Parliaments and Pacts

In the absence of a global Leviathan, stronger domestic legislatures are the key to resolving the world’s collective environmental problems. The less accountable a government is to its people, the less it will do for the world.

JOHANNESBURG – The United Nations’ recent 17th Conference of the Parties (COP-17) in Durban, South Africa succeeded in renewing the Kyoto Protocol, which aims to reduce global greenhouse-gas emissions. But the meeting also highlighted the two major problems that plague international environmental negotiations. The first, unscientific skepticism, has an impact on the second, collective-action failure. Ultimately, only legislative bodies have the power to overcome this failure.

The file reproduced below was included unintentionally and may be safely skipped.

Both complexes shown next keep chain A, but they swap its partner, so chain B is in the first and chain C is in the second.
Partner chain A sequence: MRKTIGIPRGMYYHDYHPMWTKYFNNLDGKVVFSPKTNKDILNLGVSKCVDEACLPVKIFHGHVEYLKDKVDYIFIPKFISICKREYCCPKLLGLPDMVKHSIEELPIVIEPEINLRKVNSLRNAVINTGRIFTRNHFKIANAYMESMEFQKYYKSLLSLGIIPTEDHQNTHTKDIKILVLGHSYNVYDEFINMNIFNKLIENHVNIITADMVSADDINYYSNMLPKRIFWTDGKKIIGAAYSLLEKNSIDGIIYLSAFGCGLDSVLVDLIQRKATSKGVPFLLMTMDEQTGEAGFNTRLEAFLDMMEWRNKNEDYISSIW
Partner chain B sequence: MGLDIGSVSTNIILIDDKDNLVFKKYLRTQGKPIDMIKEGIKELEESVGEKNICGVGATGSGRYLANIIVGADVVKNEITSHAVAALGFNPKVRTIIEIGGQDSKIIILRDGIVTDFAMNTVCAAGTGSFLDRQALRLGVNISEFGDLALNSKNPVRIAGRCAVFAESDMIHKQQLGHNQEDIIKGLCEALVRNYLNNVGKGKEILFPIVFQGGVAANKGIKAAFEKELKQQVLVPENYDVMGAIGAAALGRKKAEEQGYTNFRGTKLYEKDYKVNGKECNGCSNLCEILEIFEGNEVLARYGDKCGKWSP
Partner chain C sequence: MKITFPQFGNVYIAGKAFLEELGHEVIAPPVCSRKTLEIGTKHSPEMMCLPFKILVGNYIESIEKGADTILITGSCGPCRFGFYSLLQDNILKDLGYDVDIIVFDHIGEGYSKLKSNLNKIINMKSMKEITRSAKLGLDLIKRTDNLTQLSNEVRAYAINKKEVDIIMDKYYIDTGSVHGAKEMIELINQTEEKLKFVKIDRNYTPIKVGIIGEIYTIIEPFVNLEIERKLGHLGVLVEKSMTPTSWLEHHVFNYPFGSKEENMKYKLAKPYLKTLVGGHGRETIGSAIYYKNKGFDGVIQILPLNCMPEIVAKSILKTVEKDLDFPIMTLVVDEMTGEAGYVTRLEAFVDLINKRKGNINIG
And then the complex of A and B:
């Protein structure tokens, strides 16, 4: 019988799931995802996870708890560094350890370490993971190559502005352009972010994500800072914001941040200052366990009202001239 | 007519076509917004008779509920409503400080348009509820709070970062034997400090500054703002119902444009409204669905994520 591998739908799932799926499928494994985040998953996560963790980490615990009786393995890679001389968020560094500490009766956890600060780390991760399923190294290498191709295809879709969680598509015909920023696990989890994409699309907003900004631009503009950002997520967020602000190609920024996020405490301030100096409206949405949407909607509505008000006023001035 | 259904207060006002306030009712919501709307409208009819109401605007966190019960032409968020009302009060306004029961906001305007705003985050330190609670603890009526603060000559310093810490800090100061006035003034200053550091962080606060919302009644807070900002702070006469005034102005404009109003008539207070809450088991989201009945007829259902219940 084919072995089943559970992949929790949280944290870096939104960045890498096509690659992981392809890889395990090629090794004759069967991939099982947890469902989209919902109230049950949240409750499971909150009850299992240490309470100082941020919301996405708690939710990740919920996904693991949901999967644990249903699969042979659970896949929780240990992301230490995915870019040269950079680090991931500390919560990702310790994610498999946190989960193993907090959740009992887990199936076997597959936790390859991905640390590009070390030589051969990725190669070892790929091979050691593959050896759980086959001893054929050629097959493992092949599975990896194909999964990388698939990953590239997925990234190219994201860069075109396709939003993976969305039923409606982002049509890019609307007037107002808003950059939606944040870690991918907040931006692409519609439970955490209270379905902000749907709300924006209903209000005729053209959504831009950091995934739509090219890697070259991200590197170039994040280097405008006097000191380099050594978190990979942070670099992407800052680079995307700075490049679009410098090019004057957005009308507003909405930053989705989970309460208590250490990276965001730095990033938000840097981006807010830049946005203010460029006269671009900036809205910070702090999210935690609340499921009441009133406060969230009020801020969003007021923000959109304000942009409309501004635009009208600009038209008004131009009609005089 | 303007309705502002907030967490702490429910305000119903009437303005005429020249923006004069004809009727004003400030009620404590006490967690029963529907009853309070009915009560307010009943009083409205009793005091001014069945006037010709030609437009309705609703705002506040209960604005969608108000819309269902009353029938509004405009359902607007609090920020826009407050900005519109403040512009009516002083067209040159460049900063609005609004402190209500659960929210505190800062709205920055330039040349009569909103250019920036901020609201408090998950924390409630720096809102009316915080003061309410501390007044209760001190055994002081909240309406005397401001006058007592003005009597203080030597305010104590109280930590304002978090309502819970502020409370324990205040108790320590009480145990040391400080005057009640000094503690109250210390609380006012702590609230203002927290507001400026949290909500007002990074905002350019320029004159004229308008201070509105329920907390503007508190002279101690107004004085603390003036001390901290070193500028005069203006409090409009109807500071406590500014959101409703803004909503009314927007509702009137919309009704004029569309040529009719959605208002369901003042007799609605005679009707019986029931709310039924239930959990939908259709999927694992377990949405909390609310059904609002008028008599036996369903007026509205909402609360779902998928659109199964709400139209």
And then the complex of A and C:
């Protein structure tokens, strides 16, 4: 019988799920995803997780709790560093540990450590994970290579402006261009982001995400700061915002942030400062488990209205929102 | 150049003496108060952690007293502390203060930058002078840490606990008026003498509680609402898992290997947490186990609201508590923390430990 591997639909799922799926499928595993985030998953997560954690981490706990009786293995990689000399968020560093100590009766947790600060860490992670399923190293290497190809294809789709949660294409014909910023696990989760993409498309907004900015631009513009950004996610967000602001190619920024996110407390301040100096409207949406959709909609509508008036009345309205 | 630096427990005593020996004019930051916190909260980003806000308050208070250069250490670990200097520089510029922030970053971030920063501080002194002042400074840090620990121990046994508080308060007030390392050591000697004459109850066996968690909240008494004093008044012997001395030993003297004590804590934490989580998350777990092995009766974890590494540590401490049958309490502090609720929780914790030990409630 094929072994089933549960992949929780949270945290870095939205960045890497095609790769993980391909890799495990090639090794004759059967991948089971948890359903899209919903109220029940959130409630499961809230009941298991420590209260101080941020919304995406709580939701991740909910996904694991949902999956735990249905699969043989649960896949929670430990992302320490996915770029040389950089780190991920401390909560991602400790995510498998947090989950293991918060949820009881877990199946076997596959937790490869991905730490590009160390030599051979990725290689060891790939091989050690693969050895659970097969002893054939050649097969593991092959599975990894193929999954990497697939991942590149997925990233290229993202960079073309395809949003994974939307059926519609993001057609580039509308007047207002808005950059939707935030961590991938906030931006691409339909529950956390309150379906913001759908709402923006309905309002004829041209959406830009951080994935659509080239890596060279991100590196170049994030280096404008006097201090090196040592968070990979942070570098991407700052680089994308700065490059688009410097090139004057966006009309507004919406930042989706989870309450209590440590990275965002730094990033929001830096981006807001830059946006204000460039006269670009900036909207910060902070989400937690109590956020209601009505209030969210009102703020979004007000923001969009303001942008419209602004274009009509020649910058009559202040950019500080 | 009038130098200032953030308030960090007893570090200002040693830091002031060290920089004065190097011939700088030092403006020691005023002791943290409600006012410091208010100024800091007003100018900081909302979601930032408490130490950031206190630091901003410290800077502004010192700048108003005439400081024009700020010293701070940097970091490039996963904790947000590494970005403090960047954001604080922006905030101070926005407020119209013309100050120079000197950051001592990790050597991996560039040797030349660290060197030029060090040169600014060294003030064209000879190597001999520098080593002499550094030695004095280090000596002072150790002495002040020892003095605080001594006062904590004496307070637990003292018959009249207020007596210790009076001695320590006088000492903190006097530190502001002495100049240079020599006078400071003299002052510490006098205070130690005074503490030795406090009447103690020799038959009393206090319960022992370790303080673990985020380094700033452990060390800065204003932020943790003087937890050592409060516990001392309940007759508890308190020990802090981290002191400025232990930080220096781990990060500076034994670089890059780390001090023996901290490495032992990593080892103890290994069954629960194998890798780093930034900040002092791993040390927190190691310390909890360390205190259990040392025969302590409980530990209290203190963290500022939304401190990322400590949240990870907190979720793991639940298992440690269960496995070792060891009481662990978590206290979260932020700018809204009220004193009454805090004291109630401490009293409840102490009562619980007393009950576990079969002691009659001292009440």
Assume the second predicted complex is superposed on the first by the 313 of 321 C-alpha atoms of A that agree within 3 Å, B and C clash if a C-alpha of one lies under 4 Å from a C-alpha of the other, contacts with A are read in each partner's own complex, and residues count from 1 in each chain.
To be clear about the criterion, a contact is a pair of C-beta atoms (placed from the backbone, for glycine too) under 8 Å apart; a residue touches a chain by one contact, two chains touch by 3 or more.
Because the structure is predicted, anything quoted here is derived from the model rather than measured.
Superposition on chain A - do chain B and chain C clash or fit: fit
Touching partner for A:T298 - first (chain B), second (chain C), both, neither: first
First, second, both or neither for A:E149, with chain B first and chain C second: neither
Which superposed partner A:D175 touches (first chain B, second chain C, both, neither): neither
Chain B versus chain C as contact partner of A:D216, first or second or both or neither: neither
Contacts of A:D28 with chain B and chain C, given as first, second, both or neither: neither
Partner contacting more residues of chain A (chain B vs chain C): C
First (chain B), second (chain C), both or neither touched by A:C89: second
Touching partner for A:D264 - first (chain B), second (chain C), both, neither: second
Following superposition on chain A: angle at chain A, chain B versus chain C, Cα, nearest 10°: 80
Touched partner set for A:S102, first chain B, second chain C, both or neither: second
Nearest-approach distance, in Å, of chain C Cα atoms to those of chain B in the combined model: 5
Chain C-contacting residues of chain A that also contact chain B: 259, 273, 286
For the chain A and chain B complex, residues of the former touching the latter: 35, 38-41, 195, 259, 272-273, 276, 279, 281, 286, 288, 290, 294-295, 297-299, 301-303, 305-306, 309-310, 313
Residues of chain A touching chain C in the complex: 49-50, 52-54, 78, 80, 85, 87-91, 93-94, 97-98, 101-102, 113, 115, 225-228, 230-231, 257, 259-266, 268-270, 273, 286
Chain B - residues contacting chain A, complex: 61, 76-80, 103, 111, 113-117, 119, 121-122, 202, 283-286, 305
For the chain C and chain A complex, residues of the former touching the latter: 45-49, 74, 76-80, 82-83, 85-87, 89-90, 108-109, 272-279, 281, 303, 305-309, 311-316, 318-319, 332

Skepticism regarding the need for environmental action arises from the relationship between environmental degradation and per capita income. According to the environmental Kuznets curve (EKC), degradation and pollution increase enormously at the early stages of economic growth. But, above a certain per capita income threshold, that trend reverses itself: at high income levels, economic growth correlates with environmental improvement, leading to the dubious conclusion that it might be possible to achieve sustainable growth without deviating from “business as usual” (maintaining current emissions levels).

This theory informs some countries’ reluctance to commit to the Kyoto Protocol’s second term. But it is clearly wrong. The United States continues to have the world’s highest per capita emissions levels, at 19 tons of CO2 per person annually, even though average US annual income, at $42,385 per capita, is also among the highest in the world. Clearly, wealth in itself is no guarantee of reduced CO2 emissions.

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